Football governance must be overhauled to better represent the interests of referees if incidents like the one involving Fulham’s Aleksandar Mitrovic at Old Trafford on Sunday are to be stamped out, according to the chief of the Referee’s Association.
Paul Field, whose organisation supports and offers welfare for referees at grassroots level in England, says that an example must be made of Mitrovic after he was sent off for pushing referee Chris Kavanagh during his side’s 3-1 defeat to Manchester United in the FA Cup.
On Monday, the Football Association charged the 28-year-old with “abusive and/or insulting and/or threatening behaviour” towards Kavanagh when he was sent off in the 71st minute for protesting a red card for team-mate Willian, who had just conceded a penalty for handball on the goal line.
Fulham boss Marco Silva was also charged over his reaction to the referee’s decision on Willian, after he was sent from the touchline by Kavanagh for insulting the referee and fourth official.
The FA is yet to announce the length of Mitrovic’s ban, but said in a statement that “the standard punishment that would otherwise apply for the offence of violent conduct towards the match official is clearly insufficient”.
A straight red card normally brings a suspension of three games.
“They need to set a powerful example that says ‘this is not acceptable’,” said Field, who highlighted the disparity between sanctions imposed at the grassroots and professional level.
“At the Dog and Duck, if someone thumps a referee, they’re looking at five years. The professional game is so out of touch with what happens with the majority of football.
“Everyone’s focus is on the Premier League and the 90-odd professional clubs. What about the other couple of hundred thousand that play all over the country?
“At grassroots level we’d be bitterly disappointed if that offence (by Mitrovic) got only a year.
“The Football Association are world class at non-delivery. Culturally, the FA doesn’t understand how disillusioned the refereeing workforce is.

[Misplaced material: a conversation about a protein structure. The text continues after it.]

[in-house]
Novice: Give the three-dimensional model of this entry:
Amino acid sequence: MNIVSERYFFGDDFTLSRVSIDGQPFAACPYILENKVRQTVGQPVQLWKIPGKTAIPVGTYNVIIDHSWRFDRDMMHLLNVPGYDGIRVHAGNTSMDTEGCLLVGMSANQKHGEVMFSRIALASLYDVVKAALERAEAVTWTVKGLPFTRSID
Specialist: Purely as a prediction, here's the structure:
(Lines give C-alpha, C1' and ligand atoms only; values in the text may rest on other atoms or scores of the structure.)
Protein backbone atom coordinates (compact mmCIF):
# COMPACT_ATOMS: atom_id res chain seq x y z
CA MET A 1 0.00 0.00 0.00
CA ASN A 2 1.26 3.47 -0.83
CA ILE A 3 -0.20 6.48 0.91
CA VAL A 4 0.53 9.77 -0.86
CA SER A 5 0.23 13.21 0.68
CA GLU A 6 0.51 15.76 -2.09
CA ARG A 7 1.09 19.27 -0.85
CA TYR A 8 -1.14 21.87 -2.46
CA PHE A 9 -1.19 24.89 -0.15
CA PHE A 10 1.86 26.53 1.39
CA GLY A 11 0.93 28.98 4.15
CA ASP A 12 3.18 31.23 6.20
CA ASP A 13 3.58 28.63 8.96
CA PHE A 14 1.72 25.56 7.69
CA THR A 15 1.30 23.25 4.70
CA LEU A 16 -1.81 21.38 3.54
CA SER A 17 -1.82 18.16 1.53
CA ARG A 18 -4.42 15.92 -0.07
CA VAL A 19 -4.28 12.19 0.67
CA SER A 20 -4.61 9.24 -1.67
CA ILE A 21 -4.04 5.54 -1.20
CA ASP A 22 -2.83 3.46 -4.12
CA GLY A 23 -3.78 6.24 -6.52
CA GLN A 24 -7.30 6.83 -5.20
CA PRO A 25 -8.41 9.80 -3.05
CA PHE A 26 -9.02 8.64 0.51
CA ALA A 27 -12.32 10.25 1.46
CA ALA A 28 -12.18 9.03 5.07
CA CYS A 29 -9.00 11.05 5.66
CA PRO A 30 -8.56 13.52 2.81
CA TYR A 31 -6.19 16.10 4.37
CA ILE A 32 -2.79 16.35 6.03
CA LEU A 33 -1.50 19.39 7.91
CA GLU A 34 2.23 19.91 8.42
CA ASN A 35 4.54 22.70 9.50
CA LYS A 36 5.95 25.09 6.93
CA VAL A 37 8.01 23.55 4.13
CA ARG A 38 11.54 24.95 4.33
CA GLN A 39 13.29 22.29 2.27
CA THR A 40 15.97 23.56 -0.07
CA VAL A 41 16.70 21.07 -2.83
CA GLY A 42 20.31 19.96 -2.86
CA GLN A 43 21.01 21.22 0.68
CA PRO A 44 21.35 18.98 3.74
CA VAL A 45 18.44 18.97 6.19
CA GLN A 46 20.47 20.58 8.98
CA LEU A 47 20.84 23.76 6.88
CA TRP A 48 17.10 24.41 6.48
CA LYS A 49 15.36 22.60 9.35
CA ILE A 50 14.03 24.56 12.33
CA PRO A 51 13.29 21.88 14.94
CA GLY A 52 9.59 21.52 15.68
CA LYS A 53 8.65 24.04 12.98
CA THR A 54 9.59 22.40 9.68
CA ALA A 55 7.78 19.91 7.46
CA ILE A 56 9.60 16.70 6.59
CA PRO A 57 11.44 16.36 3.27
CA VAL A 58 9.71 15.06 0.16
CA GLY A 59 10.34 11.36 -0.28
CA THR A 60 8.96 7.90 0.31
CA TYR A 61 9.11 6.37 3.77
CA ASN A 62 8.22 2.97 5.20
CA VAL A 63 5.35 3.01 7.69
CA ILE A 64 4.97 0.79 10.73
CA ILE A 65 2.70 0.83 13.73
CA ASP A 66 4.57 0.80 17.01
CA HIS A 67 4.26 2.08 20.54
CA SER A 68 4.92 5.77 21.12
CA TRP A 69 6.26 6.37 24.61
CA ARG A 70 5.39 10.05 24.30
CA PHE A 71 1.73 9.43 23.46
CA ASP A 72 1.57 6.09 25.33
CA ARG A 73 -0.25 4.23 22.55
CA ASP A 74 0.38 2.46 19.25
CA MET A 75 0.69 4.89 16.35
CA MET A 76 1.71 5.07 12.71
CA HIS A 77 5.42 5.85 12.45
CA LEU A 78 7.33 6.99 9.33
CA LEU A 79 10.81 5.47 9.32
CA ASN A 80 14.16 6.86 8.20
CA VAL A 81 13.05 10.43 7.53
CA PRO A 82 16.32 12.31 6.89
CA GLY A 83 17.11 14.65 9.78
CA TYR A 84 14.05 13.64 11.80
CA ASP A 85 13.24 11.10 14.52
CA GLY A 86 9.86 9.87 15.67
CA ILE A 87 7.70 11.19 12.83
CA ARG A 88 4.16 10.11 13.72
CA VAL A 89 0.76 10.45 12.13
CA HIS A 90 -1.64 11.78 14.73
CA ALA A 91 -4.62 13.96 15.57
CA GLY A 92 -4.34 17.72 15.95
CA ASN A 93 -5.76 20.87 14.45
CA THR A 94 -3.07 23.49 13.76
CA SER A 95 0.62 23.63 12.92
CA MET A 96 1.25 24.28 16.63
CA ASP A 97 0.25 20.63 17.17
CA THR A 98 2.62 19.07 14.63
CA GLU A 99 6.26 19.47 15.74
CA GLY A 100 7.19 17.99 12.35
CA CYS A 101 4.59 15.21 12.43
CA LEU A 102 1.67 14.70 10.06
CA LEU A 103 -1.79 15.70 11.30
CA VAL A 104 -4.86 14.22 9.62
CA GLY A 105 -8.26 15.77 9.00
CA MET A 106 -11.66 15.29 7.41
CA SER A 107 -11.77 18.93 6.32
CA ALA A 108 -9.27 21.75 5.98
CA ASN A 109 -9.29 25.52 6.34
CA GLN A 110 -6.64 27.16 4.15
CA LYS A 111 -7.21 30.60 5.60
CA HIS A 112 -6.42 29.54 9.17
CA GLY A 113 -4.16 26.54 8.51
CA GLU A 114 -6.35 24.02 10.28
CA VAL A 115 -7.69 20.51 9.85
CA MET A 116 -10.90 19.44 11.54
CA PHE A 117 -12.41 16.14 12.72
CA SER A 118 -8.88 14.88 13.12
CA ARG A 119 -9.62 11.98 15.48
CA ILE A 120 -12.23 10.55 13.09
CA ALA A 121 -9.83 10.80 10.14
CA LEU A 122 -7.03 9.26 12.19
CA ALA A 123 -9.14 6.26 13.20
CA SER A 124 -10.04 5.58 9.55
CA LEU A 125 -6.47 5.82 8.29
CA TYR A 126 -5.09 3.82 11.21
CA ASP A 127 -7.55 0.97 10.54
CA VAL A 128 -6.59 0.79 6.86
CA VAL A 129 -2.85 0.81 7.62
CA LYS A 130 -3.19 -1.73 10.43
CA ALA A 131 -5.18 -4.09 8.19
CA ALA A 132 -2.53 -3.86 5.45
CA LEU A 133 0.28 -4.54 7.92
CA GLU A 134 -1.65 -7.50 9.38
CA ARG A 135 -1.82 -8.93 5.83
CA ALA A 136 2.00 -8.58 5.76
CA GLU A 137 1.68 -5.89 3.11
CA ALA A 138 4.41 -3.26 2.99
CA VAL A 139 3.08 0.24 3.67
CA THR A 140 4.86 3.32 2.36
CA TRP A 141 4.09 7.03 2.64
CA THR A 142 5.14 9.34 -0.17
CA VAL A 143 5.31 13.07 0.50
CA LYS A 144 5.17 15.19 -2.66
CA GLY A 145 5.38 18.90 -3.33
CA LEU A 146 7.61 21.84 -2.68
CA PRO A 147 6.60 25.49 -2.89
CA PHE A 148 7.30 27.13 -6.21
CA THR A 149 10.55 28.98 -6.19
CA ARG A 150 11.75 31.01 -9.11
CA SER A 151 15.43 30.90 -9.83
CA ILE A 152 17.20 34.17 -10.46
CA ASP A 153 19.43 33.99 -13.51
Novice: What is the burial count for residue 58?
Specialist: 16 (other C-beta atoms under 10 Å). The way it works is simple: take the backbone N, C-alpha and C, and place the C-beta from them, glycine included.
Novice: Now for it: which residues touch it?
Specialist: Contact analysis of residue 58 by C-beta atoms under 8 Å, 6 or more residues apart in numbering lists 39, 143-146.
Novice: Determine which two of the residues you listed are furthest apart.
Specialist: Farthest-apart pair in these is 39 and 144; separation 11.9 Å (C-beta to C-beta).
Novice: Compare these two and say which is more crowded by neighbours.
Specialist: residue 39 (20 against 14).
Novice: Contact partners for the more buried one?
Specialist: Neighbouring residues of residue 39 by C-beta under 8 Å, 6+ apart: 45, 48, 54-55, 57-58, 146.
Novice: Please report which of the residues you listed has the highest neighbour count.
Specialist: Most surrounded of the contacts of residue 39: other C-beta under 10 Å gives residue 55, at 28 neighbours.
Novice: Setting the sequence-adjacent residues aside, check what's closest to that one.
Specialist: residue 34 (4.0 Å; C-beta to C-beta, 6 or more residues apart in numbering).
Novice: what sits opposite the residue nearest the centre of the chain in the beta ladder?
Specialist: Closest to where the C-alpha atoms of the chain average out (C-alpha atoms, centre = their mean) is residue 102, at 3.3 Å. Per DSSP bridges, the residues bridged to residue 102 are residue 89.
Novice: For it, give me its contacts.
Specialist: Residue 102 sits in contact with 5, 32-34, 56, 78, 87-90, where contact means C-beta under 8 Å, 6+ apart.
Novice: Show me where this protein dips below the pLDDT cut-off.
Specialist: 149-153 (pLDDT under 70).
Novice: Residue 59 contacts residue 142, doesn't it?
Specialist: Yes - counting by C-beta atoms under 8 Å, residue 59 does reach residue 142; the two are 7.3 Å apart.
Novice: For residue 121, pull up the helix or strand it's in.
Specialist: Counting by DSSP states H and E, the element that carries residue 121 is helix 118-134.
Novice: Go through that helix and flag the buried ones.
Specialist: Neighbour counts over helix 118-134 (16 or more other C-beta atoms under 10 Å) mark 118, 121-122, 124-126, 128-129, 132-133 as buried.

“I’ve got colleagues going out this Sunday refereeing, from 14 to 82 years of age. What you saw on Sunday is what they face almost every week locally.”
Field’s main grievance is that underinvestment in refereeing at grassroots level has diminished the respect shown for officials at the elite level and that football structures are stacked in favour of backing clubs and their players at the expense of referees.
“It’s the clubs and the players that are represented by the FA Council (the body that decides major policy decisions of the FA).
“It’s about 130 people and 110 of them are representing the interests of the clubs and the players. The Referee’s Association has one vote in that whole pond of how football is run.”
He gives an example of initiatives to do with refereeing that have been cut down by the power of Premier League clubs.
Field added: “Ten years ago, it was agreed that referees would pull up any pushing and pulling at corners.
“After about seven games, when there had been about three penalties a game, the clubs went to the Premier League and said ‘we can’t have this international spectacle ruined by turning matches into penalty shoot-outs’.
“The Premier League influence means refereeing is controlled because it’s a global, £6billion spectacle. There are too many vested interests.
“It’s decades of underinvestment in respect for officialdom and in refereeing. The budget at the FA for refereeing in grassroots is about £1.2million.
“That includes the salaries of the administrators at Wembley. For the PGMOL who look after the elite referees, it’s about £27million.
“When it comes to the career path of a 14-year-old, they’re almost wholly reliant on a volunteer workforce, which is taken for granted. It only works because of volunteers, not because of anything the FA does.”